“Stones?” Our mock-exasperated expressions asked. When faced with the same problem in the dunes behind Findhorn beach, we had resorted to constructing the pentagrams by simply laying out five stones to mark the pointy bits. When you’re practised with pentagrams you can mentally pick out the paths that exist between them. Textured and coloured stones reflecting the attributes of each element (earth, air, fire, water and their summation – spirit) had been given to us in our first location by the River Spey on the Friday evening. Now, they were the only way of continuing our ‘elemental’ work.
As we laid them out the ‘breeze’ increased. By the time we had finished, and each of the pairings had recorded the other’s comments, we were ready to leave. We took a final look at the glory of the landscape below and headed back along the old railway line.
Our final action, prior to a group dinner back in Grantown-on-Spey, was to revisit the witches and for the ladies to carry out some more Macbeth ‘acting’; this time upon an actual ‘blasted Heath’.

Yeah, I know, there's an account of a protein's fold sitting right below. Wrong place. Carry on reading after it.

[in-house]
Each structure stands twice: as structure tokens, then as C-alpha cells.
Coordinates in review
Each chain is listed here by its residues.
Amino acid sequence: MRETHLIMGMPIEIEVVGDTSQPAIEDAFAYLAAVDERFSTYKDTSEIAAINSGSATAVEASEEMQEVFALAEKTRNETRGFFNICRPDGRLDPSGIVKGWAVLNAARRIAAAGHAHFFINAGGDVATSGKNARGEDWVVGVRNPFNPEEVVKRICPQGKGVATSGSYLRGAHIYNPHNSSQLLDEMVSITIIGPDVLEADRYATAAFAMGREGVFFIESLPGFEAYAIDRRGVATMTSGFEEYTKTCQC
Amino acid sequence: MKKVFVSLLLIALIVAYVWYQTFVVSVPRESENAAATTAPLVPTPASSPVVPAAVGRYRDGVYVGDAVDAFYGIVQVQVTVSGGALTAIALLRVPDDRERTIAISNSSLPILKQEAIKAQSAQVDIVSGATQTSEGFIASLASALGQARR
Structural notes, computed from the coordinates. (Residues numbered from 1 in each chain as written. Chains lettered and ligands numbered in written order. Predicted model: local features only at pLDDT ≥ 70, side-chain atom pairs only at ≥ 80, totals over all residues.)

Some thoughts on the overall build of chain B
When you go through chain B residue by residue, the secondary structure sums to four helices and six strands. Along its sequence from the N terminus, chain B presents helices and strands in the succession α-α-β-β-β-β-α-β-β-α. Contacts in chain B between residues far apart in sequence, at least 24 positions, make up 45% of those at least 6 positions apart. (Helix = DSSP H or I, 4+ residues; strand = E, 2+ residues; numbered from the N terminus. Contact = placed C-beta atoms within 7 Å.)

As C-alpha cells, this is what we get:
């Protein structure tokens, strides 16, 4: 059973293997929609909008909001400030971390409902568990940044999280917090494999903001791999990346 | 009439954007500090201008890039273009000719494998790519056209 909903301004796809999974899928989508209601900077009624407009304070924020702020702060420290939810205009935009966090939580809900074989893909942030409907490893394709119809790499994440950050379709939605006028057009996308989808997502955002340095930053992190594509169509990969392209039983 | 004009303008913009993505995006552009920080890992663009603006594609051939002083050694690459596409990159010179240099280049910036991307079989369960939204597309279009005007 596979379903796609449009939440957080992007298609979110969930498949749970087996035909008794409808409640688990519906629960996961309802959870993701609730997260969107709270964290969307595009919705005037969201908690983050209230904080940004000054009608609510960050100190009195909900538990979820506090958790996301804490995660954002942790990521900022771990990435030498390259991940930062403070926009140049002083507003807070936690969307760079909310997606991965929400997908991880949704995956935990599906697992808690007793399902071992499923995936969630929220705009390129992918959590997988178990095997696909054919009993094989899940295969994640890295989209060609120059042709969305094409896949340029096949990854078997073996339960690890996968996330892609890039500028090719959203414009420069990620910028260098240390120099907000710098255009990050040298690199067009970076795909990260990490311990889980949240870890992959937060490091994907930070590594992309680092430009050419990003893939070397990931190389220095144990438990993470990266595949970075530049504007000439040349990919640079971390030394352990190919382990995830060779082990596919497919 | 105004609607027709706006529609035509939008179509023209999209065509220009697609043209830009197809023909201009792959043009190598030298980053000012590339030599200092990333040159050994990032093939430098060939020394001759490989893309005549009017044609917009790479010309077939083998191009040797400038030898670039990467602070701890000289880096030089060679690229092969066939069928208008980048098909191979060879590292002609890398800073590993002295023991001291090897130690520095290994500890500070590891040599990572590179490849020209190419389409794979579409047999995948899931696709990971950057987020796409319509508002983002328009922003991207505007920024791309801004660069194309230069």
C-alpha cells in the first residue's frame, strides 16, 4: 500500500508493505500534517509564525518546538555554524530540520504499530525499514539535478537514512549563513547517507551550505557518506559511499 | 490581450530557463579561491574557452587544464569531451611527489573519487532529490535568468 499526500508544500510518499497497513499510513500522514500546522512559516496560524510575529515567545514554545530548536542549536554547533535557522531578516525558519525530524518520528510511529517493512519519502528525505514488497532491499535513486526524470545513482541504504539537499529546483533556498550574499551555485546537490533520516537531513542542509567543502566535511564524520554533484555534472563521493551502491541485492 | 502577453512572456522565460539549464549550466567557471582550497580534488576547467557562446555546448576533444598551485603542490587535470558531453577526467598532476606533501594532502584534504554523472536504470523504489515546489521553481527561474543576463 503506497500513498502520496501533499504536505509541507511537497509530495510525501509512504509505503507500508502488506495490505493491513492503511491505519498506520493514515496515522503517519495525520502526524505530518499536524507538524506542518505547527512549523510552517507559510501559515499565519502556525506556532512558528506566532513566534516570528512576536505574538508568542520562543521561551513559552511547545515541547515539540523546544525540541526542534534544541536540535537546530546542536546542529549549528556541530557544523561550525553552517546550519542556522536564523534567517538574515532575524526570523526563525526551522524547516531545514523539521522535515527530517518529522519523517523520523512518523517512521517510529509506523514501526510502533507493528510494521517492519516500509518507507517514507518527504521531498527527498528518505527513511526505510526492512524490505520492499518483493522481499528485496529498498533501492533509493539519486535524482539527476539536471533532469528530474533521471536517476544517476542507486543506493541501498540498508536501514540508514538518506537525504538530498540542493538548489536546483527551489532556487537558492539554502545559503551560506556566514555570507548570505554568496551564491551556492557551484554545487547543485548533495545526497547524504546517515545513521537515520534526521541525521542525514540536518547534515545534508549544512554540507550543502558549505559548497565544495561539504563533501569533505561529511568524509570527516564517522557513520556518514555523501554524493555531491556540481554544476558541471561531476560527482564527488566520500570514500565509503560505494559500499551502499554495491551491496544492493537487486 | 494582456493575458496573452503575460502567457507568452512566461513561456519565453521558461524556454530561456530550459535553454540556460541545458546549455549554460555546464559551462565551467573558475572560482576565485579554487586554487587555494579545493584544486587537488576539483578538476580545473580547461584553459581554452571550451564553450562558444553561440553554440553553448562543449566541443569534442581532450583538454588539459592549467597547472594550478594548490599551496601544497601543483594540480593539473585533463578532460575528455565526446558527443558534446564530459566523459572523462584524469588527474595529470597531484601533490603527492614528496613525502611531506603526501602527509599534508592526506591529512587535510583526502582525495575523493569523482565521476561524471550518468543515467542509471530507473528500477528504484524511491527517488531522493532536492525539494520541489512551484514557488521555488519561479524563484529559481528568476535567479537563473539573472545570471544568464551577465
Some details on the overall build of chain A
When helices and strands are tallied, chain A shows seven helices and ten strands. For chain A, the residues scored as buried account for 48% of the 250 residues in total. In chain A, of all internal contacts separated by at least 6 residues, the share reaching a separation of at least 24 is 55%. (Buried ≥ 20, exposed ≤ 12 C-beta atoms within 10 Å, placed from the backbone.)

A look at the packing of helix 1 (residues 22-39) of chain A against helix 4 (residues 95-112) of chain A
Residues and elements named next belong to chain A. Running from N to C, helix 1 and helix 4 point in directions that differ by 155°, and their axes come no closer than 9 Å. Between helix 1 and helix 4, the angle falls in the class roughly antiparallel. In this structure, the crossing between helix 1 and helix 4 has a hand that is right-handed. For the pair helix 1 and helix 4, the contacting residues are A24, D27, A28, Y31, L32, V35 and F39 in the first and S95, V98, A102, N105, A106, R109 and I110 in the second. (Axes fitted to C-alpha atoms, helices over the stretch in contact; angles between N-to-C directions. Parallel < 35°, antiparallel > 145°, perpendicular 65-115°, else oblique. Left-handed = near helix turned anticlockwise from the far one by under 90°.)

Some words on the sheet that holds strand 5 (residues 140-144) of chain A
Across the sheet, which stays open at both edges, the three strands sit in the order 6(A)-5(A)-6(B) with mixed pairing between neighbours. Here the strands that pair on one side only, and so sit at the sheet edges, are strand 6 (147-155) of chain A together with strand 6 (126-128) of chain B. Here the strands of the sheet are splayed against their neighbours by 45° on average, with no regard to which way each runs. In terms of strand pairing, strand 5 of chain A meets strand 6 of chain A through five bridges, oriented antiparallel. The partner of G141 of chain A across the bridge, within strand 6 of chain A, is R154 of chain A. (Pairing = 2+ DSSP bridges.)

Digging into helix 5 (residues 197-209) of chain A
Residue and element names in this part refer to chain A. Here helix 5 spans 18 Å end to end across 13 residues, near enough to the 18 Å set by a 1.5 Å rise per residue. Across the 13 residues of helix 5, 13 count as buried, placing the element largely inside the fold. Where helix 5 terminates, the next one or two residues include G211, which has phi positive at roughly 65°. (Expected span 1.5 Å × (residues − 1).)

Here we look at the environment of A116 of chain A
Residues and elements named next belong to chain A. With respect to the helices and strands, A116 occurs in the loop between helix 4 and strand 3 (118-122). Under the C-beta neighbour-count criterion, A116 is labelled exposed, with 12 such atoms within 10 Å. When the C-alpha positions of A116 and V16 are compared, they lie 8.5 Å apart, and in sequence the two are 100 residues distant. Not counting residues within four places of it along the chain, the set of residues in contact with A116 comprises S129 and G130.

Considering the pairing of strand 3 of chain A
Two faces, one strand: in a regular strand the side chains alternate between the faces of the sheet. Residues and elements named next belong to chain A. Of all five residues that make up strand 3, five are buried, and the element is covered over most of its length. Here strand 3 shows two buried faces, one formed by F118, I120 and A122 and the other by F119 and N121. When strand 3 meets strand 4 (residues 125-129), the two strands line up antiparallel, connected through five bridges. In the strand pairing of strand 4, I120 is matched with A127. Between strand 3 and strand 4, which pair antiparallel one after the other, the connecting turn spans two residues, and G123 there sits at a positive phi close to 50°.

There comes a certain time in such a day when the ’rounded glow’ of a day well spent merges with the warmth of sheer fun. Give people in this condition a few bits of Shakespeare to enact – on a real blasted heath – and they will rise to the occasion. We smiled and laughed a lot. The ladies playing the witches were simply magnificent; and, if we were the only ones in the gallery, then that was enough.
Finally, it was time to head back to Grantown; but via a slight detour that would take us back along the shores of Lochindorb.
Sadly, the pre-booked dinner in Grantown-on-Spey allowed us no time to stop and photograph, even given the last hour of the sun against the stunning vista of the Cairngorm mountains in the south.
Lochinborb is home to one of the castles of the Wolf of Badenoch, whose life and works we were to encounter on the following and final day within the beautiful setting of the Spey Valley around Glenlivet – home of one of the most famous single malt labels… and so much more.
The sun was setting over the town’s buildings as we arrived back in Grantown-on-Spey and our traditional Silent Eye Saturday dinner. Food and wine were shared amidst much laughter and camaraderie. It had been a very fine day, despite the determination of the ‘mischievous’ spirits whose presence – like Macbeth’s witches – seemed ever present…
Would they play a part in our Sunday – the final day, and the setting for our departure and long journeys home?